Berkshire because of its similarities to
In September 2014, Jefferies announced a $500 million deal with CircleBack Lending, which was the largest of its kind at the time. They aimed to leverage their experience with securitization markets to structure securities upheld by CircleBack Lending assets, which could then be rated and sold to an array of investors. In June 2015, the first securitization from this deal took place, totaling $106 million.
Jefferies has coverage groups spanning across all industries including Aerospace & Defense, Business Services, CleanTech, Consumer & Retail, Energy, Financial Institutions Group, Financial Sponsors, Gaming & Leisure, Healthcare, Industrials, Maritime, Media, Public Finance, Real Estate & Lodging, Technology, and Telecommunications.
The firm also provides investors fundamental research and trade execution in equity, equity-linked , and fixed income securities, including corporate bonds , United States government and agency securities, repo finance, mortgage- and asset-backed securities , municipal bonds , whole loans, and emerging market debt , as well as commodities and derivatives . In addition, Jefferies provides asset management services and products to institutions and other investors.
Jefferies Group LLC 10-K for the 12 months ended 11/30/2013
filed 1/28/2014 (page 156)
Jefferies Group LLC Form 10-Q for the quarterly period ended
August 31, 2014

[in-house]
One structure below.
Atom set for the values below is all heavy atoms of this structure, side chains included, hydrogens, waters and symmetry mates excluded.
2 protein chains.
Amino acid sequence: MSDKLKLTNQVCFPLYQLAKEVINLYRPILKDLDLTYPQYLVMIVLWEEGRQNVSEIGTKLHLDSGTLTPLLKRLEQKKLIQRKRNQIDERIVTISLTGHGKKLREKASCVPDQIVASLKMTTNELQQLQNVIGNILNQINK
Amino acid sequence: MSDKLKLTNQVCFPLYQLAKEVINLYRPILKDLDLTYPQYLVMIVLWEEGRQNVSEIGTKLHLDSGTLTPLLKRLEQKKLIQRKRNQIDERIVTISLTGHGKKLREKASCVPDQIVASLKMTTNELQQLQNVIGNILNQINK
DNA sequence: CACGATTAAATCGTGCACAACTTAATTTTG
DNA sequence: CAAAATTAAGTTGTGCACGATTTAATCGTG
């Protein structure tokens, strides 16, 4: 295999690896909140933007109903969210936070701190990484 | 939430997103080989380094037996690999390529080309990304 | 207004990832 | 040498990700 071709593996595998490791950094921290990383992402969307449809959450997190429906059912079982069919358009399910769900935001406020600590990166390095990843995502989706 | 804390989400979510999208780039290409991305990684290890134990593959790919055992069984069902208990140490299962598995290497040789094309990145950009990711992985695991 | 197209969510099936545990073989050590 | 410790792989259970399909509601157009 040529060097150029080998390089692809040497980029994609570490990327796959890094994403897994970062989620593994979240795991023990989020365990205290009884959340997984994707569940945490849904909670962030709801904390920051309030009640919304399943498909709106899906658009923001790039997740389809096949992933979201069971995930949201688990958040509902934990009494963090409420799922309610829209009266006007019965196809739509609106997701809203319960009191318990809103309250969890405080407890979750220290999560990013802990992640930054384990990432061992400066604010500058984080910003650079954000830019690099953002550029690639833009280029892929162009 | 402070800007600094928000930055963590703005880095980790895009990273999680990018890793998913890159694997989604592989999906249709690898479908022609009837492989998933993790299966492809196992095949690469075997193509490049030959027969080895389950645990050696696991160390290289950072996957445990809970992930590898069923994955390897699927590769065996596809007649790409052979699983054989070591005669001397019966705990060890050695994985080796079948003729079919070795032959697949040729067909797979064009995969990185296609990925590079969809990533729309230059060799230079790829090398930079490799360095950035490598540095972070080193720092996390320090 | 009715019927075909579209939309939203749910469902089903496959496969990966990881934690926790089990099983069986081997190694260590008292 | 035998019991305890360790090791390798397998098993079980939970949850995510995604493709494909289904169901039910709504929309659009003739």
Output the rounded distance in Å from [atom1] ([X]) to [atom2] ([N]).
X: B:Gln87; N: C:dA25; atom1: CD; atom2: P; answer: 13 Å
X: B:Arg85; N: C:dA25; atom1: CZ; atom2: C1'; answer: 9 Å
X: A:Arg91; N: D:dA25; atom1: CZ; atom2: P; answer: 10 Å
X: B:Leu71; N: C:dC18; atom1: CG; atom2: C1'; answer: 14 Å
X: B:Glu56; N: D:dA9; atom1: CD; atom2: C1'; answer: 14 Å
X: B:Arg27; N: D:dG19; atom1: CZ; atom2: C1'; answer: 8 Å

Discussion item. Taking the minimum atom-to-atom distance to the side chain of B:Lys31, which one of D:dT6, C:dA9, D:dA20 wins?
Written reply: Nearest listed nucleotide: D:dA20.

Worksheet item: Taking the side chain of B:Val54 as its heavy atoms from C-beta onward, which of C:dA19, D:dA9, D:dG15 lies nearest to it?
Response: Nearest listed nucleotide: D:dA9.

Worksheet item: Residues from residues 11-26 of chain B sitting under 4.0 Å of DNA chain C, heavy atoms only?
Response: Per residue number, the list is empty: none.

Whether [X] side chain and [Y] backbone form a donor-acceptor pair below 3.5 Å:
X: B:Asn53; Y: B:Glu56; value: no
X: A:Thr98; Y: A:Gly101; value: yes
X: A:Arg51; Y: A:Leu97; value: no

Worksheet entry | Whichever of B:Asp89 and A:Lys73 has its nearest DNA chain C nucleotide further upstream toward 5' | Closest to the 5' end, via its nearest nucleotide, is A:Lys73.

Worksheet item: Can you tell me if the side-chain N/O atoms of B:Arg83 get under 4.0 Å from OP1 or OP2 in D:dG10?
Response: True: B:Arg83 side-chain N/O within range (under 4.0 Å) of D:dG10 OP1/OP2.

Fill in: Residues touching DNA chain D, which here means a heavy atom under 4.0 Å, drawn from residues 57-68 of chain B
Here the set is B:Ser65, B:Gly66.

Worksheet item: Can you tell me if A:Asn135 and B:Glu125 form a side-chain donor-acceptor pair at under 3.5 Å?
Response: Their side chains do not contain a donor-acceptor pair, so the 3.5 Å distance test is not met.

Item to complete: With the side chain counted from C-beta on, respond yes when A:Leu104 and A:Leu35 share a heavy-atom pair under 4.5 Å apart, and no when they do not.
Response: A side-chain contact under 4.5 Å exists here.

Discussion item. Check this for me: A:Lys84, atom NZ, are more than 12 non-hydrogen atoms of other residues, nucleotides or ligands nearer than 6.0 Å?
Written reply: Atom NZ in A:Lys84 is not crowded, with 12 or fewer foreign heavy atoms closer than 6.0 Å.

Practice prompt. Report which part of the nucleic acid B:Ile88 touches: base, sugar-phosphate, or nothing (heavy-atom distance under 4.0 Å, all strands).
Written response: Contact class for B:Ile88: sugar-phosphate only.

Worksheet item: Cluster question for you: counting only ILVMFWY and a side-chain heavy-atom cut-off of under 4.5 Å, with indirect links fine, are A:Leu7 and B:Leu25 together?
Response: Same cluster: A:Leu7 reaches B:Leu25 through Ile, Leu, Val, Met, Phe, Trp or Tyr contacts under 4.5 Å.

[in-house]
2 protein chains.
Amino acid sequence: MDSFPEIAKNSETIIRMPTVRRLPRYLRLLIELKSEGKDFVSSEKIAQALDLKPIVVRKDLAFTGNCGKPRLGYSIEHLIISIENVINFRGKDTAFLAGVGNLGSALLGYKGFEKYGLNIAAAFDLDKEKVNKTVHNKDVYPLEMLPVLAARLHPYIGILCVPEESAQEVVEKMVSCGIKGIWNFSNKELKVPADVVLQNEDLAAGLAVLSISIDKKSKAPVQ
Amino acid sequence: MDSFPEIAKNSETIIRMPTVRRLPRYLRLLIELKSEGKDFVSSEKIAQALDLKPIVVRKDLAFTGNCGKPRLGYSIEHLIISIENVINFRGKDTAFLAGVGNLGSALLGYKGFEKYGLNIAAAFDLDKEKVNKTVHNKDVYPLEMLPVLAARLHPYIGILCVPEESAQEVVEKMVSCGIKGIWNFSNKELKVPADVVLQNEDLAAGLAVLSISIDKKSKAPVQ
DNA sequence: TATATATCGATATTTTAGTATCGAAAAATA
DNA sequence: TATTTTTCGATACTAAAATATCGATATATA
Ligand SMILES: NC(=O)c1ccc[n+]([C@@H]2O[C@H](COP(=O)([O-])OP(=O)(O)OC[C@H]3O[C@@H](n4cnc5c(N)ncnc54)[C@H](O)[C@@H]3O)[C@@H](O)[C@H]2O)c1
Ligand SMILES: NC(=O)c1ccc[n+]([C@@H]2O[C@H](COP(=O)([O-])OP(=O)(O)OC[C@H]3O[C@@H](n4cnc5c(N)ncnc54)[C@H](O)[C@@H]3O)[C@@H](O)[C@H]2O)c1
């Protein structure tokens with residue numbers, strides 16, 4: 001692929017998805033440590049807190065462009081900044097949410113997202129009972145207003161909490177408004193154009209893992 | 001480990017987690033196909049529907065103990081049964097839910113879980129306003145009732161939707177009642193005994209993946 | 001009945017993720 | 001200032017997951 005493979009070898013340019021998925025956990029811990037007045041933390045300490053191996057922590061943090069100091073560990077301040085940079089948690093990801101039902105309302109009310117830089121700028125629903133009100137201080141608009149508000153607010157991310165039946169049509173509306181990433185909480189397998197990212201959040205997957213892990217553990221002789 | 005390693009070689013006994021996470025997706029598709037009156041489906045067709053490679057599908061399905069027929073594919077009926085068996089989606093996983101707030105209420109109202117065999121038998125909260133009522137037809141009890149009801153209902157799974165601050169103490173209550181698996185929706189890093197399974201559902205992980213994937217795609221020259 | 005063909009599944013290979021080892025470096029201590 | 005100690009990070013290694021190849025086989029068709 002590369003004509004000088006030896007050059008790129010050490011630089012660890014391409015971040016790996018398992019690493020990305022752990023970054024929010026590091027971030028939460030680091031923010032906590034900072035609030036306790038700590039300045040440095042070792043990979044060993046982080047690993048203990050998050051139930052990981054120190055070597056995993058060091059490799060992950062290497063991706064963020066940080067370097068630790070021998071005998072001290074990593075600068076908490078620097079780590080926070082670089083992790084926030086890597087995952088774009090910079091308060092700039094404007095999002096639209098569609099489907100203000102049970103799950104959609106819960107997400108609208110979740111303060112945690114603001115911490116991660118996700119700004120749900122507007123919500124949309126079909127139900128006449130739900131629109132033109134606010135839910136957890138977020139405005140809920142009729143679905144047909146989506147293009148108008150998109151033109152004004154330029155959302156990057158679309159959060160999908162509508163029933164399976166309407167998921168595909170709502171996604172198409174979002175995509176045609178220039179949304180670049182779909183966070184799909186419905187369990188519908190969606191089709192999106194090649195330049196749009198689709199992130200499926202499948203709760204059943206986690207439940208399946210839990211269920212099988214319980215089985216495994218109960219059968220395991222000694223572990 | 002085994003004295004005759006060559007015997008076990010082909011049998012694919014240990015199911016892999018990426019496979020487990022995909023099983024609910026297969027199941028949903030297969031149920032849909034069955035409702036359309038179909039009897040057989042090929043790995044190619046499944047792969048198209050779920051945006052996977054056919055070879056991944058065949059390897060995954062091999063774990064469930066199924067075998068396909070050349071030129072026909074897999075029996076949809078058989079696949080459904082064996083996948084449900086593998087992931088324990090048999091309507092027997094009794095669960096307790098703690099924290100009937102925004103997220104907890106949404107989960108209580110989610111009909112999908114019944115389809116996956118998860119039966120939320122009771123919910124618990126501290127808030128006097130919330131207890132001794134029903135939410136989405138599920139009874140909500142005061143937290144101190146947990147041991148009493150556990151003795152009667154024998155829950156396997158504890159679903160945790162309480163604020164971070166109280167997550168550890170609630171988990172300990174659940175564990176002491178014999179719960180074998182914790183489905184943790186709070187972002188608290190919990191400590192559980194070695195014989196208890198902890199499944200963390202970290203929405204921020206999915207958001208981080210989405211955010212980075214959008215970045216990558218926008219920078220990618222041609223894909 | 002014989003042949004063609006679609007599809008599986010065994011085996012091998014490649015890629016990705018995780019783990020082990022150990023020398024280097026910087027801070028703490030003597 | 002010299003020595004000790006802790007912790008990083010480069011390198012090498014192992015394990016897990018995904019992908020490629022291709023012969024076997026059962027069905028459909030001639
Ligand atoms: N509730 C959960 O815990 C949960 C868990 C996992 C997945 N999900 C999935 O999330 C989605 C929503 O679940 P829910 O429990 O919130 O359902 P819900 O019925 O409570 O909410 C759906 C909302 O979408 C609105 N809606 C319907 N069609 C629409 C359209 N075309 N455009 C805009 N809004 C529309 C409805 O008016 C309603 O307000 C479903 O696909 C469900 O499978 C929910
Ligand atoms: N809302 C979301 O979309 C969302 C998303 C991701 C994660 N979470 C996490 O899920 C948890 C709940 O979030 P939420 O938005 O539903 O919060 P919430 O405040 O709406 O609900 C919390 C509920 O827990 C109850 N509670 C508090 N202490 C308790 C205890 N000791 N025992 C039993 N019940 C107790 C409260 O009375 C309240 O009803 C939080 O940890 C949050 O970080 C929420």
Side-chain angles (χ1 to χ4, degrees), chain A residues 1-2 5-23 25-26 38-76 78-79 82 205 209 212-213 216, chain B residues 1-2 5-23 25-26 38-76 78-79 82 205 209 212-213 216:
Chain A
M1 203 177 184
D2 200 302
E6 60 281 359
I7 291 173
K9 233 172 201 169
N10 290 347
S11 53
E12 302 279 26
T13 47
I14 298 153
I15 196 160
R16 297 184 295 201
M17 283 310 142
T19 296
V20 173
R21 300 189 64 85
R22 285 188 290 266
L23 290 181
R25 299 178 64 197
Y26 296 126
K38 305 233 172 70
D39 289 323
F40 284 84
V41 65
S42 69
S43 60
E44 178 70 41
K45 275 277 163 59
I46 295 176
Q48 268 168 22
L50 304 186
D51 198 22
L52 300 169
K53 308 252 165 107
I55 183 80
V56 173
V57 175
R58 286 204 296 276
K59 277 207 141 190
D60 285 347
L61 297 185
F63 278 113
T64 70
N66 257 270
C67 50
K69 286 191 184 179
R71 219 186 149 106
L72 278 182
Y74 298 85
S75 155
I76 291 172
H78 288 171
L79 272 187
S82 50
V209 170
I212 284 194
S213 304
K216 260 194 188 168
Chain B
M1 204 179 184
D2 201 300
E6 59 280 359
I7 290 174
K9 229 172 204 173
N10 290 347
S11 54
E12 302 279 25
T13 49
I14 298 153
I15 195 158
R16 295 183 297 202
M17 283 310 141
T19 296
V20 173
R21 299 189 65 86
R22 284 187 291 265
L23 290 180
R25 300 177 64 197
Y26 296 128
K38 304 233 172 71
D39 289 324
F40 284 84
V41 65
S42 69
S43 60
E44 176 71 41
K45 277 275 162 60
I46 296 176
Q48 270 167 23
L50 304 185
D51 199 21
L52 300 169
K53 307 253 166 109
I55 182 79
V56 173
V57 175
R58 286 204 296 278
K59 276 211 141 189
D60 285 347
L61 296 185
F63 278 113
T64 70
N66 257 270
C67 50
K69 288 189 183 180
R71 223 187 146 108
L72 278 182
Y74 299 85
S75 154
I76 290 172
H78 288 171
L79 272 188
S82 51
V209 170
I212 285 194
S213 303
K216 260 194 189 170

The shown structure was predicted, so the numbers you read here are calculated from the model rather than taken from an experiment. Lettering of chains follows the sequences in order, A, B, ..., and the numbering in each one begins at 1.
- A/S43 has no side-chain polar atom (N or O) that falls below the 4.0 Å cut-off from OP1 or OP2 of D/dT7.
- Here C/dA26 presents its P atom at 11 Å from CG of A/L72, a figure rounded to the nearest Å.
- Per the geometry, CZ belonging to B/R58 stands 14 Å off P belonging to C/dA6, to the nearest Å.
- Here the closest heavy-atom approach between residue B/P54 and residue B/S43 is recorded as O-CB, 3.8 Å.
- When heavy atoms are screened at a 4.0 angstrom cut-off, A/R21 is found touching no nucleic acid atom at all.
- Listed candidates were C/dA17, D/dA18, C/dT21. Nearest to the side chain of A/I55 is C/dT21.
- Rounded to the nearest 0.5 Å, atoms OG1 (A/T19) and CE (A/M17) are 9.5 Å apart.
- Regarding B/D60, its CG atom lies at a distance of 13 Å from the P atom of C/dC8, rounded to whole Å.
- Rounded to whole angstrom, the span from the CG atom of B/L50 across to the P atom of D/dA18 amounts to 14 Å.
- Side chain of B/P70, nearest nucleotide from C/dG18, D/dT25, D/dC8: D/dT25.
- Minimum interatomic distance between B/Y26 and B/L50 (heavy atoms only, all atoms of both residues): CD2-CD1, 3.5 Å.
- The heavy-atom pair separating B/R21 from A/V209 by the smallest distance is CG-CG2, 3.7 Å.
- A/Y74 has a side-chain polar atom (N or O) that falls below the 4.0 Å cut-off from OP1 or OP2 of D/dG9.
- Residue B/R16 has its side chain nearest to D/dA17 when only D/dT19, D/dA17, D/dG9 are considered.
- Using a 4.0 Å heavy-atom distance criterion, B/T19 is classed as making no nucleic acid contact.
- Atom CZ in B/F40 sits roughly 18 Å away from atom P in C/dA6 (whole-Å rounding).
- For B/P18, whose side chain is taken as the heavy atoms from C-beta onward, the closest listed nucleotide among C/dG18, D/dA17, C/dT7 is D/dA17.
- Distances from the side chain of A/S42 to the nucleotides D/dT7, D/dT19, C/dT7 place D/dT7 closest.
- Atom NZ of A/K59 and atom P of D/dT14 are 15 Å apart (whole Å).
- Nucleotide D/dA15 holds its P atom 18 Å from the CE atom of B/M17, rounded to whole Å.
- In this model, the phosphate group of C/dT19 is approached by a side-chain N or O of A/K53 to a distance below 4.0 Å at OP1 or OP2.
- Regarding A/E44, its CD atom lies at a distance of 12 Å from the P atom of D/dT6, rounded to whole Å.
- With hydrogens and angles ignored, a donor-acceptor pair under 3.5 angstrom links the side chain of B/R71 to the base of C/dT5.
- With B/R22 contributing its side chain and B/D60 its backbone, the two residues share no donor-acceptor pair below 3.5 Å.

* ^ "World\'s Most Admired Companies, Securities". Fortune. March
21, 2011. Retrieved July 22, 2013.
* ^ Jefferies Best Place to Work 2011. Here is The City, March 28,
* ^ Goldman and Jefferies stand out in employment polls. Financial
News, March 2, 2012
* ^ "Merger Between Jefferies And Leucadia Secures The Investment
Bank\'s Future". SeekingAlpha. November 13, 2012. Retrieved January
* ^ "
Leucadia National Corporation Historical Prices". Yahoo!
Finance. December 31, 2015. Retrieved January 12, 2016.
* ^ Glater, Jonathan D. (August 25, 2001). "Boyd L. Jefferies Dies
at 70; Headed Institutional Broker". New York Times. Retrieved July
* ^ "Fund Group Seeks Western Broker". New York Times. July 10,
1969. Retrieved July 22, 2013.
* ^ "I.D.S. Unit Suing Stock Exchange". New York Times. October 19,
1971. Retrieved July 22, 2013.
* ^ "Big Board Accepts Institution Firms". New York Times. January
18, 1973. Retrieved July 22, 2013.
* ^ "Seat on Big Board is Sold by Jefferies". New York Times.
September 22, 1973. Retrieved July 22, 2013.
* ^ Stevenson, Richard W.; Cowan, Allison Leigh (March 23, 1987).
"Entering the Breach at Jefferies & Co.". New York Times. Retrieved
July 22, 2013.
* ^ Labaton, Stephen (January 15, 1989). "The Trials And Errors Of
Boyd Jefferies". New York Times. Retrieved July 22, 2013.
* ^ Vrana, Debora (October 4, 2000). "Jefferies CEO Frank Baxter to